Looks may not be everything, but product designers will tell you that look do convey a message to the market. Miles Diagnostics, which will be known as Bayer in April, wanted its RA2000 blood analyzer to convey a new message, so it redesigned the product. Although technically sophisticated, the RA2000 had lost market share, in large part due to its ``unimpressive, utilitarian appearance,'' said Michael Paloian, president of Integrated Design Systems Inc. in Great Neck, N.Y., the company chosen to head up the product's redesign. That was a direct result of the limitations of the sheet metal used in production of the RA2000, he said.
The company wanted a design with parts that are easy to assemble, that could pass shipping tests and result in equipment that would be easy to service. Bayer, of Tarrytown, N.Y., also wanted a minimal tooling investment that could realize a payback within the first year's production, and a lead time of 10 weeks. To accomplish those aims, Paloian decided to switch to pressure forming.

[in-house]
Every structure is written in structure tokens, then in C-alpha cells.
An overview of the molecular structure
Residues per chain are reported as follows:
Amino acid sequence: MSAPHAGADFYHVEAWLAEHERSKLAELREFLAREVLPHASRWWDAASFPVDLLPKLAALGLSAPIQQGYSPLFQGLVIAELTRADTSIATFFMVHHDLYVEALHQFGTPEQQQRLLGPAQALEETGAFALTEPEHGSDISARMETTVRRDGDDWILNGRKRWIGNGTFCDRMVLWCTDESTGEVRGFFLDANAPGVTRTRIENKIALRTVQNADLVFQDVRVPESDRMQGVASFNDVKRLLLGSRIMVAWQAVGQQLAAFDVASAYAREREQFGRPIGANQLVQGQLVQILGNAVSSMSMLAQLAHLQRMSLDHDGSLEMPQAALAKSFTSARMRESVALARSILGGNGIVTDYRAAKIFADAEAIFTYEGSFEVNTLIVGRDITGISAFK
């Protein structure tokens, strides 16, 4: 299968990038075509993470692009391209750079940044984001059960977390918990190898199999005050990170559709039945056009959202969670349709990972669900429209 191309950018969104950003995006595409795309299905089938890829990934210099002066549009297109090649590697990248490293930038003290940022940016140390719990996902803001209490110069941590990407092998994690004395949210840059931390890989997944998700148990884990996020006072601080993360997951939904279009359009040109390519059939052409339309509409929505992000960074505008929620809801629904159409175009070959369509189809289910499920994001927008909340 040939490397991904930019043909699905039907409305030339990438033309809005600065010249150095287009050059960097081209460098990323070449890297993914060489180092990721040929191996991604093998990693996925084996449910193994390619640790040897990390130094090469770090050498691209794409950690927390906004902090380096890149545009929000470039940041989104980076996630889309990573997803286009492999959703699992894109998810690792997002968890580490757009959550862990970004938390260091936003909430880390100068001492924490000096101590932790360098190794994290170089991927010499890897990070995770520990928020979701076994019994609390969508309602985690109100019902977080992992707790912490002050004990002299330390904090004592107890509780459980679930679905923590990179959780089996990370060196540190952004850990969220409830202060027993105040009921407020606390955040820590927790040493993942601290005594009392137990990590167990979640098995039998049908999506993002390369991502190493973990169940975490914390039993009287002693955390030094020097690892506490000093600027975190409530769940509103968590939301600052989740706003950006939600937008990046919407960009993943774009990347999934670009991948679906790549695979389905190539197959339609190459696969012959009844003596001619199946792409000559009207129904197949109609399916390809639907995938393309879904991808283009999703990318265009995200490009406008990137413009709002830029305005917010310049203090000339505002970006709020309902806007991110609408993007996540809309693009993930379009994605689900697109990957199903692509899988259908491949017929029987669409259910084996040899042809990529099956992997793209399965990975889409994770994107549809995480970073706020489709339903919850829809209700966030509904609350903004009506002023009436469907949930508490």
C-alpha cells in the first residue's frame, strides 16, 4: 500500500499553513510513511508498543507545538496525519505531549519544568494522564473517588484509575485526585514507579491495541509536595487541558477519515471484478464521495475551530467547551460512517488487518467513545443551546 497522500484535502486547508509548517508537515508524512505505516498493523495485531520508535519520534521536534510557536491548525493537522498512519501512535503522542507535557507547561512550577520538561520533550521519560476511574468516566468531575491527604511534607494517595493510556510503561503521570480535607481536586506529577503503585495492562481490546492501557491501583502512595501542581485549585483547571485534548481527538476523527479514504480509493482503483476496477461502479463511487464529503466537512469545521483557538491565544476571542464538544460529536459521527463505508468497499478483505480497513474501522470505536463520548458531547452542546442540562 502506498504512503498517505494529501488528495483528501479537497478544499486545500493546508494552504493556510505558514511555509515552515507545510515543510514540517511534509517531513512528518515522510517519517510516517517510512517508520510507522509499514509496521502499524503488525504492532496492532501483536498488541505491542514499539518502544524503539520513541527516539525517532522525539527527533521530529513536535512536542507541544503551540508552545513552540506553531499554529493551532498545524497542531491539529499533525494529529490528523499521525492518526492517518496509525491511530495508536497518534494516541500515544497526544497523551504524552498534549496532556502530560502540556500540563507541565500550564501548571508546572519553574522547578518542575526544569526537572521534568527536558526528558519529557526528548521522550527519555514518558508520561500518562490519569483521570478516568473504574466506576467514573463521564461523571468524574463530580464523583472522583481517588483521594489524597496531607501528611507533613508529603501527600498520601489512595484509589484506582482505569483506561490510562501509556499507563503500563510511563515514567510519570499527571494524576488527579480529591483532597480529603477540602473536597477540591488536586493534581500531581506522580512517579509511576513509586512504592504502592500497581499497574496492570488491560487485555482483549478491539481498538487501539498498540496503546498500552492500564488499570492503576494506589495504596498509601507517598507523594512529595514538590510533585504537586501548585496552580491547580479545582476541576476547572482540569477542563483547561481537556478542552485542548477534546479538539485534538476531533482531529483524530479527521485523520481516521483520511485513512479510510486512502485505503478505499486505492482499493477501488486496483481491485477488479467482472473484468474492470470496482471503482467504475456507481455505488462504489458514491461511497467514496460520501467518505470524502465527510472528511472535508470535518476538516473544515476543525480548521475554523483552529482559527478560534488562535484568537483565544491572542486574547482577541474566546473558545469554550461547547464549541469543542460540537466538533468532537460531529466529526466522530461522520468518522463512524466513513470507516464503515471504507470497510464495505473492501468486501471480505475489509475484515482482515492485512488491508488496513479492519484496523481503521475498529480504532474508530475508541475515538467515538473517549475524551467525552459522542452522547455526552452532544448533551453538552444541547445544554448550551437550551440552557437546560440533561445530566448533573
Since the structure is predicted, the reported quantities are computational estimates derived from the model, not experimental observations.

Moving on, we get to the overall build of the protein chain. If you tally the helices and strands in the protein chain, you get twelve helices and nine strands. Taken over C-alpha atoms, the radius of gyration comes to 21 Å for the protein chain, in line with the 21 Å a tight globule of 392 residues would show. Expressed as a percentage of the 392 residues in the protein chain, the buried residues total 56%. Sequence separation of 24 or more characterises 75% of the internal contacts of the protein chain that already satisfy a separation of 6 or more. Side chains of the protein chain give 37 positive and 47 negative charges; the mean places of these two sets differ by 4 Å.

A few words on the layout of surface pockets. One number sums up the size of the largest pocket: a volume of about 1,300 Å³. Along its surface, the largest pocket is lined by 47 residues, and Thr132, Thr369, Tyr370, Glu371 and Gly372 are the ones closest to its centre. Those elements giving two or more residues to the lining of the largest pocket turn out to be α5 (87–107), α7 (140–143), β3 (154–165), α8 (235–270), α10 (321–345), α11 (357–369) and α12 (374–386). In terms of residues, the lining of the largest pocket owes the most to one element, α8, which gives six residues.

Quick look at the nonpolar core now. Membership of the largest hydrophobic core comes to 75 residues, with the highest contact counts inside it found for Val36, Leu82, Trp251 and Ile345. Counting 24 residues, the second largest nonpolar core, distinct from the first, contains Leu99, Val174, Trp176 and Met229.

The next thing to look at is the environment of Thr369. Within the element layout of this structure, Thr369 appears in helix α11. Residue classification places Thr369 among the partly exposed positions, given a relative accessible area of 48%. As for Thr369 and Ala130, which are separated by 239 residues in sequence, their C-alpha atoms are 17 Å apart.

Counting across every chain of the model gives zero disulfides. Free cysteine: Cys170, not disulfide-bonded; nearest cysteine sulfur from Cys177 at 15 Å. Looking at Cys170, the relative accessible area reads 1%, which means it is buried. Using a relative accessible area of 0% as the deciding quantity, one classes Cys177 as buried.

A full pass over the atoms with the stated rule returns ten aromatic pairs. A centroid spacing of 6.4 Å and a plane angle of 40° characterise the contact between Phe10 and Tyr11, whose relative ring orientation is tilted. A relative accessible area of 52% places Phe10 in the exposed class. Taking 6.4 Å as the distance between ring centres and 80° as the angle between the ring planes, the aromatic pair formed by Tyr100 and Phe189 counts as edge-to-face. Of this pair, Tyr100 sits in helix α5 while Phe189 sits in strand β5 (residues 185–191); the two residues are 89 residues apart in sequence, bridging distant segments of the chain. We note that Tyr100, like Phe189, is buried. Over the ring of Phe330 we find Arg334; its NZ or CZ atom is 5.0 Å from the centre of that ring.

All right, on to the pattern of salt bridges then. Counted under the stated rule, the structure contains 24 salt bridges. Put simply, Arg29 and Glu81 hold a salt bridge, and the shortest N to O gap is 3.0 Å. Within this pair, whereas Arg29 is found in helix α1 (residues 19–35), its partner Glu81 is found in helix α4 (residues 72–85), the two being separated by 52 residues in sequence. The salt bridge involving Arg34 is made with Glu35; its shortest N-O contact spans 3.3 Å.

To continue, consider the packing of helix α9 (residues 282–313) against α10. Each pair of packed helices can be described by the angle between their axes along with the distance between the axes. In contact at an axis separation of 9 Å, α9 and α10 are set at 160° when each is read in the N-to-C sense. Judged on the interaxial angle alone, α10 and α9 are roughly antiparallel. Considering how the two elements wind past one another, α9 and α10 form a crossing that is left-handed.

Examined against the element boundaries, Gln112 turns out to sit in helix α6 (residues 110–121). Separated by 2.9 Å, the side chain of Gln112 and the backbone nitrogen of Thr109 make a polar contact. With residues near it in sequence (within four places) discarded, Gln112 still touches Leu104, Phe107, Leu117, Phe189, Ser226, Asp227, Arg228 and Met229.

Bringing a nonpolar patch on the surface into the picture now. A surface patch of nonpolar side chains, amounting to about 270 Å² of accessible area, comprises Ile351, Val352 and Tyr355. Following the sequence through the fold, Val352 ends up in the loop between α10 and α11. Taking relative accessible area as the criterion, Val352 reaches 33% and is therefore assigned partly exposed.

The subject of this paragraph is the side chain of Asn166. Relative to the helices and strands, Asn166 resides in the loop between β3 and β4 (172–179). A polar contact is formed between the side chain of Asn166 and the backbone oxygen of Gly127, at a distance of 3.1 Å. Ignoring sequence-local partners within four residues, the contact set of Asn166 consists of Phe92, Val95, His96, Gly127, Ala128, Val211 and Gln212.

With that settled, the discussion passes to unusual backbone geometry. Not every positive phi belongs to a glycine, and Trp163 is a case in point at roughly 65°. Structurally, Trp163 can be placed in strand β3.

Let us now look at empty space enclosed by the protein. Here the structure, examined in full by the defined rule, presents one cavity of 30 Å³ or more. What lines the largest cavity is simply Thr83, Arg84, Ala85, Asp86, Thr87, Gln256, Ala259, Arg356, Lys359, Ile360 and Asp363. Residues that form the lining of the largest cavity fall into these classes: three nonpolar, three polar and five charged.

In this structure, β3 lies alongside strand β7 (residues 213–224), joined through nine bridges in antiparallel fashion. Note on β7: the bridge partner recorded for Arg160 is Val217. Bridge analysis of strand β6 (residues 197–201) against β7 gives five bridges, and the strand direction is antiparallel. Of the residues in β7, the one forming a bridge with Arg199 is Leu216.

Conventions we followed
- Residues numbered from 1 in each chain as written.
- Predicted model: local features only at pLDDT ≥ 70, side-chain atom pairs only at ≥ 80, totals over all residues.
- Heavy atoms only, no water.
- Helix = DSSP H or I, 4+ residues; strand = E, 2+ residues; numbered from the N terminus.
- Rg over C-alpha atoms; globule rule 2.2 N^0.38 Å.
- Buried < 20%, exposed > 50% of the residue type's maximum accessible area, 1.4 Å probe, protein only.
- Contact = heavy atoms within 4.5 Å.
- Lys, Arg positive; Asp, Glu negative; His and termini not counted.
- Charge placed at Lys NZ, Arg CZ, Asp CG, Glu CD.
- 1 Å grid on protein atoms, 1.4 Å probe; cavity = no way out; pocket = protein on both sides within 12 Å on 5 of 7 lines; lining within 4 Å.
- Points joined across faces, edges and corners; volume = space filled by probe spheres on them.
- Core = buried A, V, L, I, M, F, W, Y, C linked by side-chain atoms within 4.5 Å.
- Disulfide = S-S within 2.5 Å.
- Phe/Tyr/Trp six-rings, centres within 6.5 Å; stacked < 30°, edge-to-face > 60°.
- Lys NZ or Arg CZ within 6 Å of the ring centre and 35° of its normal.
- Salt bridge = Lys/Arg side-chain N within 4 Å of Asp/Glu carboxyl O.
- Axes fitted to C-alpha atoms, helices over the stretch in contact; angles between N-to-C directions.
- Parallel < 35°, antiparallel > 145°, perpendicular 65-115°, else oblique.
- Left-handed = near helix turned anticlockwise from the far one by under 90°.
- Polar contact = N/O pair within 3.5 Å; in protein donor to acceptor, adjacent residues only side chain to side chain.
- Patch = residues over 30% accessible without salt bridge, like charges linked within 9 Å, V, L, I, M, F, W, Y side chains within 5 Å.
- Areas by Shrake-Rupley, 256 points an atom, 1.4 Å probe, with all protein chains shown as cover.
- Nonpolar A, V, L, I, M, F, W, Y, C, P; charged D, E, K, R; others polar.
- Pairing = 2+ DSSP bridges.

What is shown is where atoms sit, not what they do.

``In general, I've noticed a major trend toward pressure forming in the medical and instrument markets due to the high cost of the products and the competitiveness of those marketplaces which force manufacturers to be more sensitive to the appearance,'' Paloian said.
Paloian said one of the major benefits Bayer realized by using pressure forming is the ability to make changes in the design even after the tooling is finished.
``It affords the designer and manufacturer the luxury of making functional changes in the part without incurring any costs due to the amount of secondary operations that are inherently a part of the process,'' he said.
Gregstrom Corp. of Woburn, Mass., was picked to pressure form the parts, and Beverly Pattern of Beverly, Mass., was selected to do the tooling.
The redesigned unit has 21 molded components and about 100 sheet metal parts.